Saturday, May 10, 2008

Controlling an AD9851 with an Atmel AtTiny85 (or other)

avrdds.jpgFollowing on from my last post, I got something similar working with an ATTiny85. This sample code does a slow sweep from 10Mhz up a bit. It's just a demo, the bit I've been looking for myself and couldn't find was how to just say sendFrequency().

I have lots of ideas for applications of these things, including:


  • General purpose VFO with keypad and knob

  • Sweep test generator, paired with a digital rf signal measurer for computer plotting filters etc

  • Automated antenna analyser with a digital SWR measuring thingy



This code is written in C and uses avrlibc. I'm working on a Mac but it will work the same on Linux or that other OS that was quite popular.


/*
Control an AD9851 DDS with an ATMega85
*/

#include <avr/io.h>
// Sets up the default speed for delay.h
#define F_CPU 800000UL
#include <util/delay.h>
#include <math.h> // for pow()

// Pins used to talk to the DDS chip
#define LOAD 4
#define CLOCK 3
#define DATA 0
#define LED 1

#define DDS_CLOCK 180000000UL

#define OUTPORT PORTB
#define OUTPORTDIRECTION DDRB

void sendFrequency(unsigned long frequency);
void byte_out(unsigned char byte);
void outOne();
void outZero();
void bitSetHi(volatile uint8_t *port, int bit);
void bitSetLo(volatile uint8_t *port, int bit);

int main (void)
{
OUTPORTDIRECTION = _BV(LOAD) | _BV(CLOCK) | _BV(DATA) | _BV(LED);
unsigned long freq;

// flash an led to show we're alive
int i;
for(i = 0; i < 10; i++)
{
bitSetHi(&OUTPORT, LED);
_delay_ms(100);
bitSetLo(&OUTPORT, LED);
_delay_ms(100);
}
while (1)
{
// Do a frequency sweep in Hz
for(freq = 10000000; freq < 10001000; freq++)
{
sendFrequency(freq);
_delay_ms(1);
}
}
return 0;
}

void bitSetHi(volatile uint8_t *port, int bit)
{
*port |= ( 1<<bit );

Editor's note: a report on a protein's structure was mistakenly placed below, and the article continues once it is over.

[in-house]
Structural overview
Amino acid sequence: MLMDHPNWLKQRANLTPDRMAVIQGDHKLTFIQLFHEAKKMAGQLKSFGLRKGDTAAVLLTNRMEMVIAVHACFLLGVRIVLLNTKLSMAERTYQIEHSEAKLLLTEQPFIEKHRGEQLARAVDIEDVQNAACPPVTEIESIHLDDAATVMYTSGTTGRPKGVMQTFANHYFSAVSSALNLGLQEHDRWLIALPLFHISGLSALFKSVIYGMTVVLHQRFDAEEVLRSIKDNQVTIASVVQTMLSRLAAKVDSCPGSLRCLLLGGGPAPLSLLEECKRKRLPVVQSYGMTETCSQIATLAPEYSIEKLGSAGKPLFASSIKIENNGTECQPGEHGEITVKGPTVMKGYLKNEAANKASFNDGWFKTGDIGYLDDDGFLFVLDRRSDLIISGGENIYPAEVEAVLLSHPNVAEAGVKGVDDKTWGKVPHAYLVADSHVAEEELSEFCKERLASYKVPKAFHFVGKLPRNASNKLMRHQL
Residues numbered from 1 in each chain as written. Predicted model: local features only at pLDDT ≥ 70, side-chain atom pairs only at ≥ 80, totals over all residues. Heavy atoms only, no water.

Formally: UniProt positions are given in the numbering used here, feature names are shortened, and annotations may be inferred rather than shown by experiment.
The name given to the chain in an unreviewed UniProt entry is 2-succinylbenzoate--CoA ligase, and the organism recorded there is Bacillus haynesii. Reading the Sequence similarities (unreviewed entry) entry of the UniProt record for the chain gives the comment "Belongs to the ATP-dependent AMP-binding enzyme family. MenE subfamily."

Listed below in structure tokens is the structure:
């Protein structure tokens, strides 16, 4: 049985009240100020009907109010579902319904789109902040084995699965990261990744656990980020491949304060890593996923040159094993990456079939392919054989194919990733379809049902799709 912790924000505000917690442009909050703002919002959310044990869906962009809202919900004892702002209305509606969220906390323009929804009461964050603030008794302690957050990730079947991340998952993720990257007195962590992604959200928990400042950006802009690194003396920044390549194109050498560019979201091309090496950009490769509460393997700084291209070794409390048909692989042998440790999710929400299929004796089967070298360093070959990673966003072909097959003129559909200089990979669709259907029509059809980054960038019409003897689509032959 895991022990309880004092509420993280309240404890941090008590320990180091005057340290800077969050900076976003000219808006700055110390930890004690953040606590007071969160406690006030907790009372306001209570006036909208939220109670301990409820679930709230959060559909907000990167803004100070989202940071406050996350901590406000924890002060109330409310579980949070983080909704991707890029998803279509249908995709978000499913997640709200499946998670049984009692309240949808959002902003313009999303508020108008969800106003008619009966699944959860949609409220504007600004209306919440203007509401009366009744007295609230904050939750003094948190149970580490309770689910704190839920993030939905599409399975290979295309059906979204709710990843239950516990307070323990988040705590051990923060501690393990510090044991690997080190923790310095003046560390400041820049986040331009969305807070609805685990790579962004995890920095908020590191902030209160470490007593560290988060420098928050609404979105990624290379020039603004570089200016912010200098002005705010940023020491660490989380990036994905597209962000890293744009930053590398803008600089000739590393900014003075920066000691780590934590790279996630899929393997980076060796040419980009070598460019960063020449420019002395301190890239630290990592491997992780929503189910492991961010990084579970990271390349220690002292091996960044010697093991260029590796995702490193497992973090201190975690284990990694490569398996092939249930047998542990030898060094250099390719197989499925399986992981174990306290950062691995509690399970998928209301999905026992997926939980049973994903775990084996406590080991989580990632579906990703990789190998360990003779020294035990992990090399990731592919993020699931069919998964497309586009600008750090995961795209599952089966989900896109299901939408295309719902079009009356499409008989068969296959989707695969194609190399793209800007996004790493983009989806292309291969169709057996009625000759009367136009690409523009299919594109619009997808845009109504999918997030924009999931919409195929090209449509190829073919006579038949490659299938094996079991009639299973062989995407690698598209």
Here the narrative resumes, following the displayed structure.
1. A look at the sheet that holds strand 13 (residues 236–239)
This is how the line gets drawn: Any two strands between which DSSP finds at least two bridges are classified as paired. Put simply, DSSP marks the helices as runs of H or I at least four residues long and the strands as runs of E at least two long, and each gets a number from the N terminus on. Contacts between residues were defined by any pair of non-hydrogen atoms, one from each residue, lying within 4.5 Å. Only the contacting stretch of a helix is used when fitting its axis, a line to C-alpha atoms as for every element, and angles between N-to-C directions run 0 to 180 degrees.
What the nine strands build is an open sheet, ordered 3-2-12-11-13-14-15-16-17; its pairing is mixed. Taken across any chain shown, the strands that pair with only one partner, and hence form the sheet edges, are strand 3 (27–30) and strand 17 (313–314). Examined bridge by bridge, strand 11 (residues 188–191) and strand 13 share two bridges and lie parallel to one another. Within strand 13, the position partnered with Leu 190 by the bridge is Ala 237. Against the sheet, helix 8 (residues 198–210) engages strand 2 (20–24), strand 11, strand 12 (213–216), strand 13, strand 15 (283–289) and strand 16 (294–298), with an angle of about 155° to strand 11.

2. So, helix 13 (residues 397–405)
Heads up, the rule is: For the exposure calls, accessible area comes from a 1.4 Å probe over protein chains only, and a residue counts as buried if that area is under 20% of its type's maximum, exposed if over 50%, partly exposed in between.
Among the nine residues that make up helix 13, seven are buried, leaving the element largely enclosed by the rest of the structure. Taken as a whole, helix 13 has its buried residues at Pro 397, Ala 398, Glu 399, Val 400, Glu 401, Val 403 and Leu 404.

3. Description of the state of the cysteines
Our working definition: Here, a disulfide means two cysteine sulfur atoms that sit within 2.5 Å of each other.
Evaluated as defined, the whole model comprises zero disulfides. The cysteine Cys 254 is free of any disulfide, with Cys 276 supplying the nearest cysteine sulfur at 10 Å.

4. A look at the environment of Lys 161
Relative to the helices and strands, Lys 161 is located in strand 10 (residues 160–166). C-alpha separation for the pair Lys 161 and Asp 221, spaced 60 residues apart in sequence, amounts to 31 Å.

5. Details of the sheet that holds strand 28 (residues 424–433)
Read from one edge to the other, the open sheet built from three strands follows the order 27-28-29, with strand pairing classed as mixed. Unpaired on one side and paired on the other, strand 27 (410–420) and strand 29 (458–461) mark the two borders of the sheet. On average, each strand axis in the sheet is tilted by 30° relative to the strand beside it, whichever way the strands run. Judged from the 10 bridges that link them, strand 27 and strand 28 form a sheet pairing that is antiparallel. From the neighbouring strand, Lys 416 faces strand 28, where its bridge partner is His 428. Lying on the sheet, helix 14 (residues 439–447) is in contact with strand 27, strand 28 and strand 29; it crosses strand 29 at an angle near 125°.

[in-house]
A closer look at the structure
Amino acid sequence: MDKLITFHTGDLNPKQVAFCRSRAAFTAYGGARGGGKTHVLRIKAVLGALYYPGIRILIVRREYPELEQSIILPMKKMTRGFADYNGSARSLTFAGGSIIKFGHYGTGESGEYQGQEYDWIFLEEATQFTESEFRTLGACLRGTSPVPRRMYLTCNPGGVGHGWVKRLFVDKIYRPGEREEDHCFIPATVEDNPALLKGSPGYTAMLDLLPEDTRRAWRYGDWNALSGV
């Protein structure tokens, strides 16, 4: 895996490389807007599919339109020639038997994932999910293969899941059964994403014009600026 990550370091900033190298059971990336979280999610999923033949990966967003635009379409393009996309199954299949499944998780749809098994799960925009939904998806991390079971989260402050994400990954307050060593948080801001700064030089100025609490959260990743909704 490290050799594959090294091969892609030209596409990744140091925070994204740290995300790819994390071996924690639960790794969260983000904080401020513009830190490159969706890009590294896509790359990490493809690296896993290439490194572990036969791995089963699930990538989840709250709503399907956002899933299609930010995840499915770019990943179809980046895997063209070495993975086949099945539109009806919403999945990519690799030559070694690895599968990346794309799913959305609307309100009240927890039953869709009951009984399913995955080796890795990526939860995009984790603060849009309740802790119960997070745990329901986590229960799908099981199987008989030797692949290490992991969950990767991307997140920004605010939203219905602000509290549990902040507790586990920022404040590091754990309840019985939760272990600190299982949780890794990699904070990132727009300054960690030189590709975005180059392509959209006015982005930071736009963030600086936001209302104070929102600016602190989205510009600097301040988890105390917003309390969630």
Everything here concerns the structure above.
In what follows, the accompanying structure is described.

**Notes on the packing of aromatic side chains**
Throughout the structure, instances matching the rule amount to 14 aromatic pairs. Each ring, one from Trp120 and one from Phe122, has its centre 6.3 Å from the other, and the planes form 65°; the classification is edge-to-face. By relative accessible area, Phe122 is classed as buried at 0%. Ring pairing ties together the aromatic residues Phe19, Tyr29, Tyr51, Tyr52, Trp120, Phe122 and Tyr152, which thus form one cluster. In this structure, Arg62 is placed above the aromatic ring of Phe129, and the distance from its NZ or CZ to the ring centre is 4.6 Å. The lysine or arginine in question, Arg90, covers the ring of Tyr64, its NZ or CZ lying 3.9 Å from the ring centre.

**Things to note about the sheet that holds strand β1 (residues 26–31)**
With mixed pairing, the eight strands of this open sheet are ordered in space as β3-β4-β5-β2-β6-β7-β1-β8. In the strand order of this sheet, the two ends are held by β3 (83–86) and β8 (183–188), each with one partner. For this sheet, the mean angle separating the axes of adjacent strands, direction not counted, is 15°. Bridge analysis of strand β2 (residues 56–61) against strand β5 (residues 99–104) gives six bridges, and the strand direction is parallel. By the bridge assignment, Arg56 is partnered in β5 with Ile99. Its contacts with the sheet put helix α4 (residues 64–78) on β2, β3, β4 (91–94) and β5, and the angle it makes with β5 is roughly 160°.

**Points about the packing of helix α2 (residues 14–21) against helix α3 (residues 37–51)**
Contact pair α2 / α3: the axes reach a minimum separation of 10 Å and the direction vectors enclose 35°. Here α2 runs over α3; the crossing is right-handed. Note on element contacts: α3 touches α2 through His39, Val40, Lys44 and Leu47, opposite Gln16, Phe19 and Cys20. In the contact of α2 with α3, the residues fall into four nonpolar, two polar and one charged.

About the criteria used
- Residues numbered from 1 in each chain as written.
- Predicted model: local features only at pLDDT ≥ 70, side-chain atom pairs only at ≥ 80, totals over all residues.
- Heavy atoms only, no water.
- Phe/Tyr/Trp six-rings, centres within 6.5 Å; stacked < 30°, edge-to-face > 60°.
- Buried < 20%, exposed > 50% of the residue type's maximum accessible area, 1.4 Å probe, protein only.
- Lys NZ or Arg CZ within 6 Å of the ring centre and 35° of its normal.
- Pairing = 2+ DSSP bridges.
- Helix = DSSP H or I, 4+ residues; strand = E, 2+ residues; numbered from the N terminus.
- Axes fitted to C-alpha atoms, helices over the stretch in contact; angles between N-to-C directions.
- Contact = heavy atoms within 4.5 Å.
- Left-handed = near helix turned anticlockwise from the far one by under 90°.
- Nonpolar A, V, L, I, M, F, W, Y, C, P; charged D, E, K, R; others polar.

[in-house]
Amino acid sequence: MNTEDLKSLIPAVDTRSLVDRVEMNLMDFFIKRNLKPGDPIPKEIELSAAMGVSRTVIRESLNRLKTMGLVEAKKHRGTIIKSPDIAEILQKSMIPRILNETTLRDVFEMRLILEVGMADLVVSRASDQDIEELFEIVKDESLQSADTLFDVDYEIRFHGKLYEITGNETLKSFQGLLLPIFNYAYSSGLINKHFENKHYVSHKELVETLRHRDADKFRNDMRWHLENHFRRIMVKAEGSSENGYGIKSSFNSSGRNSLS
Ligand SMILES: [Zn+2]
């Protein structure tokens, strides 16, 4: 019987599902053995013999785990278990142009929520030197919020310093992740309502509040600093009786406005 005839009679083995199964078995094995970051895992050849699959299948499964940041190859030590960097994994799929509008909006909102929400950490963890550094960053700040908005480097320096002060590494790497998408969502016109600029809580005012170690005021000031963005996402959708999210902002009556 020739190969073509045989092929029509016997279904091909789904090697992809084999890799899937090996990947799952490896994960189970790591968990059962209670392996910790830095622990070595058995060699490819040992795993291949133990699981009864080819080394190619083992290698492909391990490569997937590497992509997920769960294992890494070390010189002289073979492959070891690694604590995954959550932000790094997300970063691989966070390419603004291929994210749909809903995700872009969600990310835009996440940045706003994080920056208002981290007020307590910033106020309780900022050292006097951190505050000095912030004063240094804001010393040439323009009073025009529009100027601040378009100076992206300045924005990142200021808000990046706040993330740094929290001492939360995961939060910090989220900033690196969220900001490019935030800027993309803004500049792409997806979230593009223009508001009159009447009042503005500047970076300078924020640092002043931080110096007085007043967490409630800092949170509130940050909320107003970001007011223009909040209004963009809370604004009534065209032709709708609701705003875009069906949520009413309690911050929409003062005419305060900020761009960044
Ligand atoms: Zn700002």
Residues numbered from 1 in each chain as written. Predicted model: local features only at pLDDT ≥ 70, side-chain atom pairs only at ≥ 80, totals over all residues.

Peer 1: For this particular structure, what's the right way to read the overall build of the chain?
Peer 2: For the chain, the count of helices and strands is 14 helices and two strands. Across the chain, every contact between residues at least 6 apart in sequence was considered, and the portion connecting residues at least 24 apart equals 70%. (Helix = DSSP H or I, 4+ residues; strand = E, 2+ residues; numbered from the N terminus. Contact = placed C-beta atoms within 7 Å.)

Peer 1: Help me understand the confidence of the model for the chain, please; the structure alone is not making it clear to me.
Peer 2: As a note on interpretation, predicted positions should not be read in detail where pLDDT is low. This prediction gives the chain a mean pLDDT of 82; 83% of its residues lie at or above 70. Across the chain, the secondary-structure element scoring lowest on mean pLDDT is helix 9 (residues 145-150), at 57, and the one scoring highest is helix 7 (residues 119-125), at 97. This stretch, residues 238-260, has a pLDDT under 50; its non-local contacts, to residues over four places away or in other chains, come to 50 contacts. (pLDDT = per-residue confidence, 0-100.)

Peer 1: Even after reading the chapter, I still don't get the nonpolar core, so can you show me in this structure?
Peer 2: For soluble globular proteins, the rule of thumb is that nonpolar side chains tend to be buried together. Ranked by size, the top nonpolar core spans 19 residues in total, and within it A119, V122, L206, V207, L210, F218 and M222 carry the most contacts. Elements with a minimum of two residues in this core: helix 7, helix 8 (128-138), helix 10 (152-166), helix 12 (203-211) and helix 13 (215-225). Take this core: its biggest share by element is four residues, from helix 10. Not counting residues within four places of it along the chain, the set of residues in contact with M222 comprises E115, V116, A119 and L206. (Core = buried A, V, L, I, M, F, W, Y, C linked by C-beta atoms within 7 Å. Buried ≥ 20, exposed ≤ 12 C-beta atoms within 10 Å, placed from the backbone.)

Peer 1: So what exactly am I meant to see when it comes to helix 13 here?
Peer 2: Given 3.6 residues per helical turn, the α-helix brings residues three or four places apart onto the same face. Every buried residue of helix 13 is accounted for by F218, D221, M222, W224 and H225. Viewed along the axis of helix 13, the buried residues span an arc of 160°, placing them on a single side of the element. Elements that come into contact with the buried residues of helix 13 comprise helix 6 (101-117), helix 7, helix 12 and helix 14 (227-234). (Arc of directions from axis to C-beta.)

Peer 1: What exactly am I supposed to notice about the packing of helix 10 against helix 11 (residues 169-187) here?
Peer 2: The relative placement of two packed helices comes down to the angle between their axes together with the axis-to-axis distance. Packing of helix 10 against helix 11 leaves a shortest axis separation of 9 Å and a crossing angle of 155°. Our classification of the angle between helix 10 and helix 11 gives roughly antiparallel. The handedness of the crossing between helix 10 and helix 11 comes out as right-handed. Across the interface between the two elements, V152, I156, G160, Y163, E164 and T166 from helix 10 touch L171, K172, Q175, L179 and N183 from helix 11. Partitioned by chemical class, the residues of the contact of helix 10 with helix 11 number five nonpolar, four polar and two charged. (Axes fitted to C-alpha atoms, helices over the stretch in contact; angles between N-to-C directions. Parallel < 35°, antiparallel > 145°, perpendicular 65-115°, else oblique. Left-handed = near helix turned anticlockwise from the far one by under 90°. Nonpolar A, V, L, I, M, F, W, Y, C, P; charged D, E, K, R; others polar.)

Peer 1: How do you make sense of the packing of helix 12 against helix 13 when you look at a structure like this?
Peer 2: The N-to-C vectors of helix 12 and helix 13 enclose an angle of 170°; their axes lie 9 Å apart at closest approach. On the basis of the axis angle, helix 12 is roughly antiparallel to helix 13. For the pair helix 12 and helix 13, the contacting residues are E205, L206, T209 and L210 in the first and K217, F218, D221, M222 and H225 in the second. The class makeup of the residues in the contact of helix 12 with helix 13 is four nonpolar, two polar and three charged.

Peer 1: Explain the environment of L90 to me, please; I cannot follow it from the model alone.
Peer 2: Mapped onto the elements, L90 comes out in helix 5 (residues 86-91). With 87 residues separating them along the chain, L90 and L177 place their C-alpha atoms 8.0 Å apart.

}

void bitSetLo(volatile uint8_t *port, int bit)
{
*port &= ~( 1<<bit );
}

void sendFrequency(unsigned long frequency)
{
unsigned long tuning_word = (frequency * pow(2, 32)) / DDS_CLOCK;
bitSetLo(&OUTPORT, LOAD); // take load pin low
int i;

for(i = 0; i < 32; i++)
{
if ((tuning_word & 1) == 1)
outOne();
else
outZero();
tuning_word = tuning_word >> 1;
}
byte_out(0x09);

bitSetHi(&OUTPORT, LOAD); // Take load pin high again
}

void byte_out(unsigned char byte)
{
int i;

for (i = 0; i < 8; i++)
{
if ((byte & 1) == 1)
outOne();
else
outZero();
byte = byte >> 1;
}
}

void outOne()
{
bitSetLo(&OUTPORT, CLOCK);
_delay_ms(1);
bitSetHi(&OUTPORT, DATA);
_delay_ms(1);
bitSetHi(&OUTPORT, CLOCK);
_delay_ms(1);
bitSetLo(&OUTPORT, DATA);
_delay_ms(1);
}

void outZero()
{
bitSetLo(&OUTPORT, CLOCK);
_delay_ms(1);
bitSetLo(&OUTPORT, DATA);
_delay_ms(1);
bitSetHi(&OUTPORT, CLOCK);
_delay_ms(1);
}


The AMQRP board has it's own regulator and has a 5V output so I'm powering the ATTiny85 from that power rather than a separate input. Here's a nifty spot reference. Simple enough even for me to build.

spotGen.jpg

1 comment:

Ion said...

You really don't want to use pow on uCs. They don't have floating point arithmetic in hardware and anything involving floats or doubles is very expensive.
This applies more so in this case, where you have a power of 2 that is used in an operation with a long, so it will be casted anyway to a long. So instead of pow(2,32) use 1 << 32 or 1 shifted to the left by 32.
You should read about binary representation, as it's very important when programming embedded.